Action And Clinical Pharmacology: Micronized progesterone is an oral dosage form of the naturally occurring steroid; it is chemically identical to progesterone of ovarian origin. Micronization of progesterone improves its absorption by the digestive tract by increasing the surface area in contact between the steroid and the mucous membrane. Pharmacokinetic studies indicate that plasma progesterone levels within the luteal range are achieved with peak levels at 2 to 4 hours following administration of progesterone (see Table I).
Progesterone is metabolized primarily by the liver and is excreted mainly in the urine. Patients with illness related to the liver and/or kidneys should be monitored closely.
Progesterone exerts significant antiproliferative effects on the endometrium and suppresses endometrial mitotic activity through suppression of nuclear estradiol receptors, reduction of epithelial and stromal DNA synthesis and induction of 17b-estradiol dehydrogenase and isocitric dehydrogenase.
Indications And Clinical Uses: In women with intact uteruses as an adjunct to postmenopausal estrogen replacement therapy to significantly reduce the risk of endometrial hyperplasia and carcinoma.
Contra-Indications: Severe liver disease such as cholestatic jaundice or hepatitis or a history of severe liver disease, hepatic cell tumors, Rotor syndrome or Dubin-Johnson syndrome.
Unexplained abnormal vaginal bleeding.
Known or suspected breast malignancy or pathology.
Known or suspected progesterone-dependent neoplasia.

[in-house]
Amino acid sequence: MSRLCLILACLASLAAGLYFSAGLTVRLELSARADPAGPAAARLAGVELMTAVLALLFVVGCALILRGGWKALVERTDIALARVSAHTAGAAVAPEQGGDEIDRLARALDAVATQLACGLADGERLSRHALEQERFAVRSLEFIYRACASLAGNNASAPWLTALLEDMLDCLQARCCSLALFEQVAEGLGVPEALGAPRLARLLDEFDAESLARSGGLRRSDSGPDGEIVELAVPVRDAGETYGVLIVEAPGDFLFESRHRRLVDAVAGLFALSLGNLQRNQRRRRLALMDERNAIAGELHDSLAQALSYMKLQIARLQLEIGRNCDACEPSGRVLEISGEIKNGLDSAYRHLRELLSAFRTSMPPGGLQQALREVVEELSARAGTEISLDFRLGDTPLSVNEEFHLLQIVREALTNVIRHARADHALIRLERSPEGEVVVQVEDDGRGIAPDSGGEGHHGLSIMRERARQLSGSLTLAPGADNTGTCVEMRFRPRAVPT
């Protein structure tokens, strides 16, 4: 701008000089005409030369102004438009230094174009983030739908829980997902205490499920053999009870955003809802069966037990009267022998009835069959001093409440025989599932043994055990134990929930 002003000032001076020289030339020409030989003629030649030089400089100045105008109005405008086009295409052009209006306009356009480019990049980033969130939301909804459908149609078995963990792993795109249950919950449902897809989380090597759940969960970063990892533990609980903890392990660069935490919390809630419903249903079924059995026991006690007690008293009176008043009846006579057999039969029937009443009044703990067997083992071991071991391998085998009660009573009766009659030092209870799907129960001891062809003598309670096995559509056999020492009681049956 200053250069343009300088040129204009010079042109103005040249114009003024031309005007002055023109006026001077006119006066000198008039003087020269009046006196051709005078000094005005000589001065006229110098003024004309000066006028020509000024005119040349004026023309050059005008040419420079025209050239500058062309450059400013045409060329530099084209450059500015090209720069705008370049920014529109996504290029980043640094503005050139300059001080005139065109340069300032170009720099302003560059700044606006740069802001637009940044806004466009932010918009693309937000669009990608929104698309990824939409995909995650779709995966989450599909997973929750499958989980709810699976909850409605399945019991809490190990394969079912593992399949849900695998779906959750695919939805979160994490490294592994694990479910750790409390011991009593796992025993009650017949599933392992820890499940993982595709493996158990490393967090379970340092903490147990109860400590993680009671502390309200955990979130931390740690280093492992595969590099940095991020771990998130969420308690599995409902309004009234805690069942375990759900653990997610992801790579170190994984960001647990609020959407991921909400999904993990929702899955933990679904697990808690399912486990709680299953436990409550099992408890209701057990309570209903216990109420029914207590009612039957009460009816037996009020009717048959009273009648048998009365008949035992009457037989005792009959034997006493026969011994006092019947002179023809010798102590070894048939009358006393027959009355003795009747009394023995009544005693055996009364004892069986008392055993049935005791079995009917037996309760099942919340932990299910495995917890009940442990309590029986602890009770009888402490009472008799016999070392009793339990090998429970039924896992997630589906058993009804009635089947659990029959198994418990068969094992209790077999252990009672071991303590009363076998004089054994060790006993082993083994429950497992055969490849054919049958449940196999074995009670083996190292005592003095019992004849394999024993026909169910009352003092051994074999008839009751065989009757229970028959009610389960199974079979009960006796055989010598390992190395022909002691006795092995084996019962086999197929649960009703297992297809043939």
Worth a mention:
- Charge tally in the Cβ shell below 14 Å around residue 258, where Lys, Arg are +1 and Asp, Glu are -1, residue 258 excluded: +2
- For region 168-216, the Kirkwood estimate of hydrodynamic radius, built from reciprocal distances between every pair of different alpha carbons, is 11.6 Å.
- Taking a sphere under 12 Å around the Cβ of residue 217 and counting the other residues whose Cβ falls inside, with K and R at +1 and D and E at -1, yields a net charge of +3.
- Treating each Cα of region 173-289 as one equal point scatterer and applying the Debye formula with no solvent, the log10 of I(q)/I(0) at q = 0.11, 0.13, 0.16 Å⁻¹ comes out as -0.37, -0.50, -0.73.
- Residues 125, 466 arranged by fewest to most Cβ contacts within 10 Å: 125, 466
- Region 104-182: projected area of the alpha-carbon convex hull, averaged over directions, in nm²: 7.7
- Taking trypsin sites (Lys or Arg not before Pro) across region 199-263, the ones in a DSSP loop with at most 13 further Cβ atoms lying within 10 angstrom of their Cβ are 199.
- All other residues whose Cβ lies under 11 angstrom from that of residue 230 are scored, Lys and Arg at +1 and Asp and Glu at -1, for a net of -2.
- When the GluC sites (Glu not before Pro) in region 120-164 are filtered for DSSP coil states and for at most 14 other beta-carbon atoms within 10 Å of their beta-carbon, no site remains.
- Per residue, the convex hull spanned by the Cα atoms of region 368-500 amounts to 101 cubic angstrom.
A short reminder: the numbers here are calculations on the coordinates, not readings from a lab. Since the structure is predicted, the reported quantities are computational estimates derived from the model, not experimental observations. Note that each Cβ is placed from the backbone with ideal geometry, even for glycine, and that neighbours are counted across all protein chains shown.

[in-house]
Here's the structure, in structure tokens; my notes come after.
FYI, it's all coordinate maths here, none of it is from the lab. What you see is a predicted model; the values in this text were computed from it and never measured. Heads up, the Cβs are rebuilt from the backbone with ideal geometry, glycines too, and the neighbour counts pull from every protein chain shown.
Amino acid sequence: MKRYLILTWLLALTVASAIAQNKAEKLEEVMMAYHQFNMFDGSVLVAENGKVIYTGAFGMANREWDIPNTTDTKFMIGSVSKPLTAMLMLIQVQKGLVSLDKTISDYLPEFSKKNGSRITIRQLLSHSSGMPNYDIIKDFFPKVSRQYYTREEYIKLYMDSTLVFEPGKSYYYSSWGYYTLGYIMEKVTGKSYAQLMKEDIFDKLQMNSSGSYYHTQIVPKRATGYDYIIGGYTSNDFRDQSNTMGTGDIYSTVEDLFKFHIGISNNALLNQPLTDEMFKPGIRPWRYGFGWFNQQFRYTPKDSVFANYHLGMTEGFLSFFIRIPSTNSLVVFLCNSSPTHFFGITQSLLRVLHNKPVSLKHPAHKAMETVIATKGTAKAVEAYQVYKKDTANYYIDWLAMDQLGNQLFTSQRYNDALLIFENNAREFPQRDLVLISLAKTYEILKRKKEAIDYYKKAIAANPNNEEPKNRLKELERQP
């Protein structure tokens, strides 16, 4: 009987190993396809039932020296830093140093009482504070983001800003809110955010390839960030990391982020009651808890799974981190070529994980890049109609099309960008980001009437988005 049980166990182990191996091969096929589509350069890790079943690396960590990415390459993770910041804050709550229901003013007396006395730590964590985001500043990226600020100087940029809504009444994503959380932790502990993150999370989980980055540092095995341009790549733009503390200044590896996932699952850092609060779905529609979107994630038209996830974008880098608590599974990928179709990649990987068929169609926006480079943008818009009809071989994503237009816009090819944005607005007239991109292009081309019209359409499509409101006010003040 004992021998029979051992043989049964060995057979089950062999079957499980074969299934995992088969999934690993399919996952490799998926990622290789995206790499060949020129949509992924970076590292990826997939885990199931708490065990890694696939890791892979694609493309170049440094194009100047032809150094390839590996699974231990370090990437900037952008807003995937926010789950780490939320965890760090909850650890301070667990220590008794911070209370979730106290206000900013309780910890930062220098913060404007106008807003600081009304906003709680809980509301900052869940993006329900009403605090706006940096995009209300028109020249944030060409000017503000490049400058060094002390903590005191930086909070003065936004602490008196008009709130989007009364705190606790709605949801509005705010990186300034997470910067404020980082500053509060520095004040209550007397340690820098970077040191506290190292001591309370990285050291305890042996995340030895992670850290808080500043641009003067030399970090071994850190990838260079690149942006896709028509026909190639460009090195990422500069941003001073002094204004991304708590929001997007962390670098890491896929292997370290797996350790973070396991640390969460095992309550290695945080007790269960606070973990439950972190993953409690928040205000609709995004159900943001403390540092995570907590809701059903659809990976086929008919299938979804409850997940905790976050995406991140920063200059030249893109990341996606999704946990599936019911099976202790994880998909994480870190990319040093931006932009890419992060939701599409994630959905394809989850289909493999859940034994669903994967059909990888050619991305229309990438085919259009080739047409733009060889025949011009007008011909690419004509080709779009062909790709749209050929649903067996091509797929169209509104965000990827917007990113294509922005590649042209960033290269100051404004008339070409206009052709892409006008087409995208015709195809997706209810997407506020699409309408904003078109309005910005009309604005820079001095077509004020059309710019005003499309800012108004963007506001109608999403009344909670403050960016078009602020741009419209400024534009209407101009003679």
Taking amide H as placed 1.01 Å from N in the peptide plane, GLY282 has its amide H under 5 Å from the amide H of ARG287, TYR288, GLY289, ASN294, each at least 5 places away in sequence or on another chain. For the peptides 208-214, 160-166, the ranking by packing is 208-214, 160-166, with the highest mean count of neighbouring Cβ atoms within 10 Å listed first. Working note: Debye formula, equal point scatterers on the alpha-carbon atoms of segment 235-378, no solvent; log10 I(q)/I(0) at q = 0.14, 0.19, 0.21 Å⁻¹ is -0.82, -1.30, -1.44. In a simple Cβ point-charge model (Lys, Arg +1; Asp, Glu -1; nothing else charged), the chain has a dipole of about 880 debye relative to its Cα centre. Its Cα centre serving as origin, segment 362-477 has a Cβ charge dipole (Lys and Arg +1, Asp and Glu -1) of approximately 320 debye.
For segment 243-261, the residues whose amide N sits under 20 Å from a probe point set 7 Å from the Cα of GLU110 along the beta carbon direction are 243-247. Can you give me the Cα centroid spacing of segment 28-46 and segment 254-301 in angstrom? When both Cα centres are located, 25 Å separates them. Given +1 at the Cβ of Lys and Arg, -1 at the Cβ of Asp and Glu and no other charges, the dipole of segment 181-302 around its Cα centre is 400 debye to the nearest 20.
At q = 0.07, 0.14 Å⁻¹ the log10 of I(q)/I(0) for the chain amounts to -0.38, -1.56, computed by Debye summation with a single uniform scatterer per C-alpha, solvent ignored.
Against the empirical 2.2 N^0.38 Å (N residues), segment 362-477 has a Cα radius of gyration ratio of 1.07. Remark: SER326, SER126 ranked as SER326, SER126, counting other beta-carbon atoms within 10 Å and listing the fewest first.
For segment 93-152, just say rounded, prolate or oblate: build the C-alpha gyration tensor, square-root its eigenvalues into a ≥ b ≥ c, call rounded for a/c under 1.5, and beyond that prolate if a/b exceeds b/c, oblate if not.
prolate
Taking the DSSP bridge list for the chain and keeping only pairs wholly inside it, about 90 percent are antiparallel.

Conditions or a history of conditions of rare occurrence which have occurred or have worsened with pregnancy or the use of sex steroids i.e. herpes gestationis, jaundice of pregnancy, otosclerosis, severe pruritus, or porphyria.
Cerebral apoplexy or thrombophlebitis.
Known sensitivity to progesterone capsules or any of its individual components. Prometrium contains peanut oil and should never be used by patients allergic to peanuts.
Manufacturers’ Warnings In Clinical States: Treatment should be discontinued if the results of liver function tests become abnormal or if cholestatic jaundice appears.
Several published epidemiological studies have documented an association between a modest increase in the risk of developing breast cancer and the use of hormone replacement therapy in menopause when given for periods exceeding 10 years. Information is still lacking to show whether the risks of combination estrogen-progestin therapy differ from those of estrogen used alone.
Instruction for breast self-examination should be given to all women.
Precautions: Occupational Hazards: Transient and occasional somnolence or dizziness may occur in some patients 1 to 4 hours after ingestion of progesterone, particularly if administered with food. Activities requiring concentration, good attention, good coordination or reflex action should be avoided when the above-mentioned neurological symptoms occur. In most cases, these problems can be avoided by taking the capsules at the recommended times. The 200 mg dosage should be taken at bedtime. The 300 mg dosage should be divided into 2 doses, 100 mg 2 hours after breakfast and 200 mg at bedtime.
Chloasma is occasionally seen during the use of estrogen and/or progestin-containing preparations, especially in women with a history of chloasma gravidarum. In women with a tendency to chloasma, exposure of the skin to natural or artificial sunlight may induce or aggravate the condition.
There are no indications of an increased cardiovascular risk associated with natural progesterone use. However, a slightly increased risk of these disorders has been reported with estrogen/progestin-containing oral contraceptive preparations, therefore patients with cardiovascular disorders (or a history of this condition) should be kept under close medical supervision.
Pregnancy: If the patient is exposed to progesterone during the first 4 months of pregnancy or if she becomes pregnant while taking this drug she should be appraised of the potential risks to the fetus.